initium evangelii Iesu Christi Filii Dei
The Pauline Doctrine on Doctrine
And these things, brethren, I have in a figure
transferred to myself and to Apollos for your sakes;
that ye might learn in us not to think of men above
that which is written, that no one of you be puffed
up for one against another. (1 Corinthians 4:6 KJV)
Hold fast the form of sound words, which thou hast
heard of me, in faith and love which is in Christ
Jesus. (2 Timothy 1:13 KJV)
Dating the New Testament Books
James 44-49A.D. James Hebrews 67-69 A.D. Anon
Galatians 49-50 A.D. Paul Jude 68-70 A.D. Jude
Matthew 50-60 A.D. Matthew John 80-90 A.D. John
Mark 50-60A.D. Mark 1 John 90-95 A.D. John
1 Thessalonians 51 A.D. Paul 2 John 90-95 A.D. John
2 Thessalonians 51-52 A.D. Paul 3 John 90-95 A.D. John
1 Corinthians 55 A.D. Paul Revelation 94-96 A.D. John
2 Corinthians 55-56 A.D. Paul
Romans 56 A.D. Paul
Luke 60-62 A.D. Luke
Ephesians 60-61 A.D. Paul
Philippians 60-62A.D. Paul
Colossians 60-62 A.D. Paul
Philemon 60-62 A.D. Paul
Acts 62 A.D. Luke
1 Timothy 62-64 A.D. Paul
Titus 62-64 A.D. Paul
1 Peter 64-65 A.D. Peter
2 Timothy 66-67 A.D. Paul
2 Peter 67-68 A.D. Peter
• The Muratorian Fragment (c. 170).
• Melito (c. 170). (Excluded all OT books not in Hebrew)
• Origen (c. 240).
• Eusebius of Caesarea (c. 324).
• Cyril of Jerusalem (c. 350).
• Hilary of Poitiers (c. 360).
• The Cheltenham List (c. 360).
• Council of Laodicea (c. 363).
• Letter of Athanasius (367).
• Gregory of Nazianzus (c. 380).
• Amphilocius of Iconium (c. 380).
• The quot;Apostolic Canonsquot; (c. 380).
Heresies of the First Century
•Ebionites – Denied the deity of Christ,
but accepted Him as the Messiah;
followed the Torah
•Mandaeans – Denied the deity of Christ,
worshiped John the Baptist
Logos (λόγος) Logos is usually translated as quot;the Wordquot; in English Bibles. The Gospel
of John identifies Jesus Christ as the incarnation of the Logos, through which all
things are made. The gospel further identifies the Logos as divine. Second-century
Apologists, such as Justin Martyr, identified Jesus Christ as the Logos or Word of God,
a distinct intermediary between God and the world. (John 1.1)
Hypostasis ((ὑπόστᾰσις) In Christian usage, the Greek word hypostasis has a
complicated and sometimes confusing history, but its literal meaning is quot;that which
stands beneathquot;. (Hebrews 1.3)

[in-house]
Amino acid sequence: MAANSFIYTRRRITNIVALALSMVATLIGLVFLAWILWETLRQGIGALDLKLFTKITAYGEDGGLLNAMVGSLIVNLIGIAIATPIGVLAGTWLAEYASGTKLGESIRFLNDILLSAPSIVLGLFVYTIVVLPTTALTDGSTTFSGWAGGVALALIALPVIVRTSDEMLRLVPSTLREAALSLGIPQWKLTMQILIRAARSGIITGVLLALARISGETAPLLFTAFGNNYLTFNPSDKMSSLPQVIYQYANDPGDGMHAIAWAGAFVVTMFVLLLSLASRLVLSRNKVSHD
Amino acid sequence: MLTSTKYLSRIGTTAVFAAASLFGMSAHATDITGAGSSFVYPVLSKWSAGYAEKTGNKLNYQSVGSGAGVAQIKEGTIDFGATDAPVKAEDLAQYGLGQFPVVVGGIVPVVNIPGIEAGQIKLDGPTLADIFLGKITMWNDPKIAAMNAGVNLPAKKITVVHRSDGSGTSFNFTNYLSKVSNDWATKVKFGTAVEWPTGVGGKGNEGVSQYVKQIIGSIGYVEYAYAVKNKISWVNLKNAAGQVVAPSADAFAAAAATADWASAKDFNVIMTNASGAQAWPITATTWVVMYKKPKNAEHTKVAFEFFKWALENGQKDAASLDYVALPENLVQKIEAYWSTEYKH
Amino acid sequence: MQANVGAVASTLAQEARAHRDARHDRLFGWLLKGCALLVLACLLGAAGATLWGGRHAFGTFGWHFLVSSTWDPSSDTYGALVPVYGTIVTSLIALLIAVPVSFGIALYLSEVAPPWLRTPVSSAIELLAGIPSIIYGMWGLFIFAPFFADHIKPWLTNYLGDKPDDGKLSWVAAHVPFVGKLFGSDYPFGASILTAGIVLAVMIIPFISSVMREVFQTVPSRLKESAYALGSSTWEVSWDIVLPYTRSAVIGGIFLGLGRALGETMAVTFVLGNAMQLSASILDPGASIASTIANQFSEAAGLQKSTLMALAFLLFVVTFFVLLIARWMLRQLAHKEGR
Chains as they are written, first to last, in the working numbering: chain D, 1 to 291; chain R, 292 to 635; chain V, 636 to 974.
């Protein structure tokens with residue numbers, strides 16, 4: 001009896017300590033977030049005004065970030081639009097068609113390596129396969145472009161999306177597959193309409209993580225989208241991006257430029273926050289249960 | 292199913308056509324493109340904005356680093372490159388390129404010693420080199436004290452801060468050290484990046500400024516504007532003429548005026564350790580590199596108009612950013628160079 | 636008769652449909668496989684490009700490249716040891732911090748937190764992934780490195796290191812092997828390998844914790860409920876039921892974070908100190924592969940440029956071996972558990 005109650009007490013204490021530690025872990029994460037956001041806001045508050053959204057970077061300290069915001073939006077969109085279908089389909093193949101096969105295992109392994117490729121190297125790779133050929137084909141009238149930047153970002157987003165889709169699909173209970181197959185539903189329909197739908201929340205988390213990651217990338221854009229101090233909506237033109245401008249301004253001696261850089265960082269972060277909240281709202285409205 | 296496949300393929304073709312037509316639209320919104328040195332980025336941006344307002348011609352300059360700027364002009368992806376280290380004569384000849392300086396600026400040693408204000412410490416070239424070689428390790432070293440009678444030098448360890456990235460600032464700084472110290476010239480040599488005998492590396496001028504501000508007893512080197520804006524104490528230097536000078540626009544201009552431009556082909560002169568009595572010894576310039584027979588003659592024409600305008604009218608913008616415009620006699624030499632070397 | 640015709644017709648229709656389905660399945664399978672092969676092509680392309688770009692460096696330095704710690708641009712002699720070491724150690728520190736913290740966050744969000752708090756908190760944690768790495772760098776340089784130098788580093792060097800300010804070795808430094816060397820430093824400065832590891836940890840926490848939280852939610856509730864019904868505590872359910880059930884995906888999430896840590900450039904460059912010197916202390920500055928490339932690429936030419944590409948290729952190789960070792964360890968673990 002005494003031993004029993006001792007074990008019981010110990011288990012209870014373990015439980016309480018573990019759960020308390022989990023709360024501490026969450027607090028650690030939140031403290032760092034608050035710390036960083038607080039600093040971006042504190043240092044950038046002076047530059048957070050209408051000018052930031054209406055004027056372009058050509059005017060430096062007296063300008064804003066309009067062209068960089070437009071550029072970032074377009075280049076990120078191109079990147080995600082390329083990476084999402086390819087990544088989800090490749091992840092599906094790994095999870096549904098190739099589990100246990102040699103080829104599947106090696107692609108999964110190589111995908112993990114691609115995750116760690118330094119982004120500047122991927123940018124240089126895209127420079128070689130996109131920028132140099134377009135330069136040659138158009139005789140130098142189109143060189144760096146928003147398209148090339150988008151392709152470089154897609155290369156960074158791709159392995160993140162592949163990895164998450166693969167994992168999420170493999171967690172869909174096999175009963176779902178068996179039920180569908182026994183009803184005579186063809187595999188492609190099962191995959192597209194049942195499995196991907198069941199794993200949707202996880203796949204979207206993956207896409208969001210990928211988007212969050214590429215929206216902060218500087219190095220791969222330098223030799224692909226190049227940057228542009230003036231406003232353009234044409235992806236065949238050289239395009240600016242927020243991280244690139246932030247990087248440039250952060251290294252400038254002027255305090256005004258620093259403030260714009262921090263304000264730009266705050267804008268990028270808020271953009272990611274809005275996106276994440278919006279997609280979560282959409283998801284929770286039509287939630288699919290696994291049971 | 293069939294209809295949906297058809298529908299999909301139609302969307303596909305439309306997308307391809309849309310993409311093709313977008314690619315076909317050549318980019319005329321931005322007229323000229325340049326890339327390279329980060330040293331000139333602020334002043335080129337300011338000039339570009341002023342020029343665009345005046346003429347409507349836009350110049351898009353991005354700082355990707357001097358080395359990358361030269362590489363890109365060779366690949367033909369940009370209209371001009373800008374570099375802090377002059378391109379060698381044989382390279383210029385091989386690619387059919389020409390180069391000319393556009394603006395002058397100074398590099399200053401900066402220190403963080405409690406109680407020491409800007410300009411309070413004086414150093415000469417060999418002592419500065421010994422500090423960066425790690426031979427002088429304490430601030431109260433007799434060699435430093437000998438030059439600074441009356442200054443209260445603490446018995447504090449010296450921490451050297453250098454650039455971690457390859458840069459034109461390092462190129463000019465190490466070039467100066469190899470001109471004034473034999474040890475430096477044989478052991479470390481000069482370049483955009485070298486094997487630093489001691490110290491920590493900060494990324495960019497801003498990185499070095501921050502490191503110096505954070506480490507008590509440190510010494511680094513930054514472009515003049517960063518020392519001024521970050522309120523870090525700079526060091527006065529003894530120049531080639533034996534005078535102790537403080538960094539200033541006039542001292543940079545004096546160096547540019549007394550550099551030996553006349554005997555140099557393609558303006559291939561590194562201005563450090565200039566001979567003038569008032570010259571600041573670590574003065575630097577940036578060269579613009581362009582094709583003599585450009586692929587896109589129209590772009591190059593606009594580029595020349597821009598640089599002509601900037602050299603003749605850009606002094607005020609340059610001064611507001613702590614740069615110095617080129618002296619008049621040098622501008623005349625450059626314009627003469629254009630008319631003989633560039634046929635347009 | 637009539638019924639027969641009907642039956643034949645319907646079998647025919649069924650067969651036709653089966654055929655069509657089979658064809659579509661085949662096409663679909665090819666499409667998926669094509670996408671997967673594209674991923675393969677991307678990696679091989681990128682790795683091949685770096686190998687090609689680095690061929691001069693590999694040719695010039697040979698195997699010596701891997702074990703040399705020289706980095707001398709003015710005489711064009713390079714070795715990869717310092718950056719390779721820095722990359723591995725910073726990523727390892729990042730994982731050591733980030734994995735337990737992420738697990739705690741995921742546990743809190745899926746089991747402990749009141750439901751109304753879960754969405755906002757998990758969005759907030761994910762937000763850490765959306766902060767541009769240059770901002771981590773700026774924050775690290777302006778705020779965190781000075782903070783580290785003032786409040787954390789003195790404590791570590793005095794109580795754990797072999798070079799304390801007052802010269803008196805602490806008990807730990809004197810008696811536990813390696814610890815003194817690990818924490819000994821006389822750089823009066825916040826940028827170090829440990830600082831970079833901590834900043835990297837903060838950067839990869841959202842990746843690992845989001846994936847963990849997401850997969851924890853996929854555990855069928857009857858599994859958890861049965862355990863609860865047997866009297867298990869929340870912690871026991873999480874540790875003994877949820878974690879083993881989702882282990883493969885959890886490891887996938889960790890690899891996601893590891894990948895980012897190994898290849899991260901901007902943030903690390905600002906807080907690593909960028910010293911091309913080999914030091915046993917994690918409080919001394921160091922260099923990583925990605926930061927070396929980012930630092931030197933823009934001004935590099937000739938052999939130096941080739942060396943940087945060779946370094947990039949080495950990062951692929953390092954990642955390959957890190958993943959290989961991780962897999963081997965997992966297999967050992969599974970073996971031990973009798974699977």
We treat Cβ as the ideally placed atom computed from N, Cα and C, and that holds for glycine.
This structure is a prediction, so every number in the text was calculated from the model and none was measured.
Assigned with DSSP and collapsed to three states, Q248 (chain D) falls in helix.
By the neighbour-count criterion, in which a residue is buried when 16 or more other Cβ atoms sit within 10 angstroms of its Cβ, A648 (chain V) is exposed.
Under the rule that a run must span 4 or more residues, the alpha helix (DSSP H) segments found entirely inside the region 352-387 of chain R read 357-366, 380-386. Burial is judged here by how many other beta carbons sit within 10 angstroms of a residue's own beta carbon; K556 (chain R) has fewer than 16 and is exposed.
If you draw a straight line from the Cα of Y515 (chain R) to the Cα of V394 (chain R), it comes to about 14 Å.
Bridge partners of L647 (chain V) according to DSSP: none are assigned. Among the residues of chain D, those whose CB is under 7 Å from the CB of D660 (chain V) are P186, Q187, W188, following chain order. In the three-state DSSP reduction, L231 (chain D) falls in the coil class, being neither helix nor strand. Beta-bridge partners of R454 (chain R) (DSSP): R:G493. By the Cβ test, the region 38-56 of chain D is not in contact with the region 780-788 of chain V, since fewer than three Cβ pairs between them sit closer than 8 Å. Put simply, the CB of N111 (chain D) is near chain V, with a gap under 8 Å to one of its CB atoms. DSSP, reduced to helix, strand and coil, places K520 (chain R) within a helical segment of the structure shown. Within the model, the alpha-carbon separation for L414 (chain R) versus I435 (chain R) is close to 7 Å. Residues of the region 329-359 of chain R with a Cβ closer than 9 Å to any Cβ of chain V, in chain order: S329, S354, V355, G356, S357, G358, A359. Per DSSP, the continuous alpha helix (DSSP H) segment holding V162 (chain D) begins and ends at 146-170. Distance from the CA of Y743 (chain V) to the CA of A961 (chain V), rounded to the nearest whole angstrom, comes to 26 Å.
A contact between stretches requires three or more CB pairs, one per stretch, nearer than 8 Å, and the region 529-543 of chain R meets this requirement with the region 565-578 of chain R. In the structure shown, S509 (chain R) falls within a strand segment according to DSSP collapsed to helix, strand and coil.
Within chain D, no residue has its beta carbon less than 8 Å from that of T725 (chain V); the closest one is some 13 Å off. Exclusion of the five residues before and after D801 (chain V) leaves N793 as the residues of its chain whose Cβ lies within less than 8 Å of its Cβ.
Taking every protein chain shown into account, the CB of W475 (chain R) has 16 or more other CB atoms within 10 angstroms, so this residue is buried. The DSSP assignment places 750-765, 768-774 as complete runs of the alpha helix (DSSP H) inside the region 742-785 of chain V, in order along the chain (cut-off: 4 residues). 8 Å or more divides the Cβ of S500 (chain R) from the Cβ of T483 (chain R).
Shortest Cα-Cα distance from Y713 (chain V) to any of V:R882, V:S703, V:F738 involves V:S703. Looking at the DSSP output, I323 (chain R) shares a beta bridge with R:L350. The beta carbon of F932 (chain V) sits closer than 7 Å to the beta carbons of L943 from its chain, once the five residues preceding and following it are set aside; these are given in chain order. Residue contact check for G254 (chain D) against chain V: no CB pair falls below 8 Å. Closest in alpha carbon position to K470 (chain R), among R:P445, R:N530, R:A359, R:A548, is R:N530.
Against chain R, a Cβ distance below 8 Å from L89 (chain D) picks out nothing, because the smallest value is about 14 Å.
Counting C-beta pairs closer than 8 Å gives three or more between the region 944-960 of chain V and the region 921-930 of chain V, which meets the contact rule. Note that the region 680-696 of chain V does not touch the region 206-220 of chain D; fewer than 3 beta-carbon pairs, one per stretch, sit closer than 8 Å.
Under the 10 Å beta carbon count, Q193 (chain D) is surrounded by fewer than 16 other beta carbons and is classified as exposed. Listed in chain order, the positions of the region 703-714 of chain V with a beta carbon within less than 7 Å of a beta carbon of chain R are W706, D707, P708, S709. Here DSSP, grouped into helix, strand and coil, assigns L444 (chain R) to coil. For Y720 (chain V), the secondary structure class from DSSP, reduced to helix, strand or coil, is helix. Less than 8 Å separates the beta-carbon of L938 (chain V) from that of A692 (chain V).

Incarnation literally means embodied in flesh, refers to the conception and birth of a
creature (generally a human) who is the material manifestation of an entity or force
whose original nature is immaterial. (From the Latin, 1st John 4.2)
Apostolic was invented by Ignatius of Antioch in 110. It originally mean to have the
character or style of the Apostles
Catholic was applied to the Church by the Bishop of Antioch in 110 to mean
universal, as opposed to local congregation. It could also apply to the Jew-Gentile
debate as well.
Apostolic Succession is a term used to denote that congregations were founded
by the Apostles themselves. Later, it would be used to claim doctrinal authority.
Ousia (Οὐσία) This Ancient Greek noun formed on the feminine present
participle of εἶναι (to be); it is analogous to the English participle being, and the
Greek ontic. Ousia is often translated (sometimes incorrectly) to Latin as
substantia and essentia, and to English as substance and essence; and (loosely)
also as (contextually) the Latin word accident — which conflicts with the
denotation of sumbebekos, given that Aristotle uses sumbebekos in showing that
inhuman things (objects) also are substantive. (Luke 15.12 – property, estate)
Homoousian (ὁμός, homós, quot;samequot; and οὐσία, ousía, quot;essence, being“)
is a technical theological term used in discussion of the Christian understanding
of God as Trinity. The Nicene Creed describes Jesus as being homooúsios with
God the Father— that is, they are of the quot;same substancequot; and are equally God.
End of the 1 Century
•Death of the Apostles
•Apostolic Succession on the verge of ending
•Core Canon in use
•Rome and Antioch are centers of power
•Heresies are generally divided into two groups:
•Denied the Deity of Christ
•Denied the Flesh of Jesus
•Gnosticism on the rise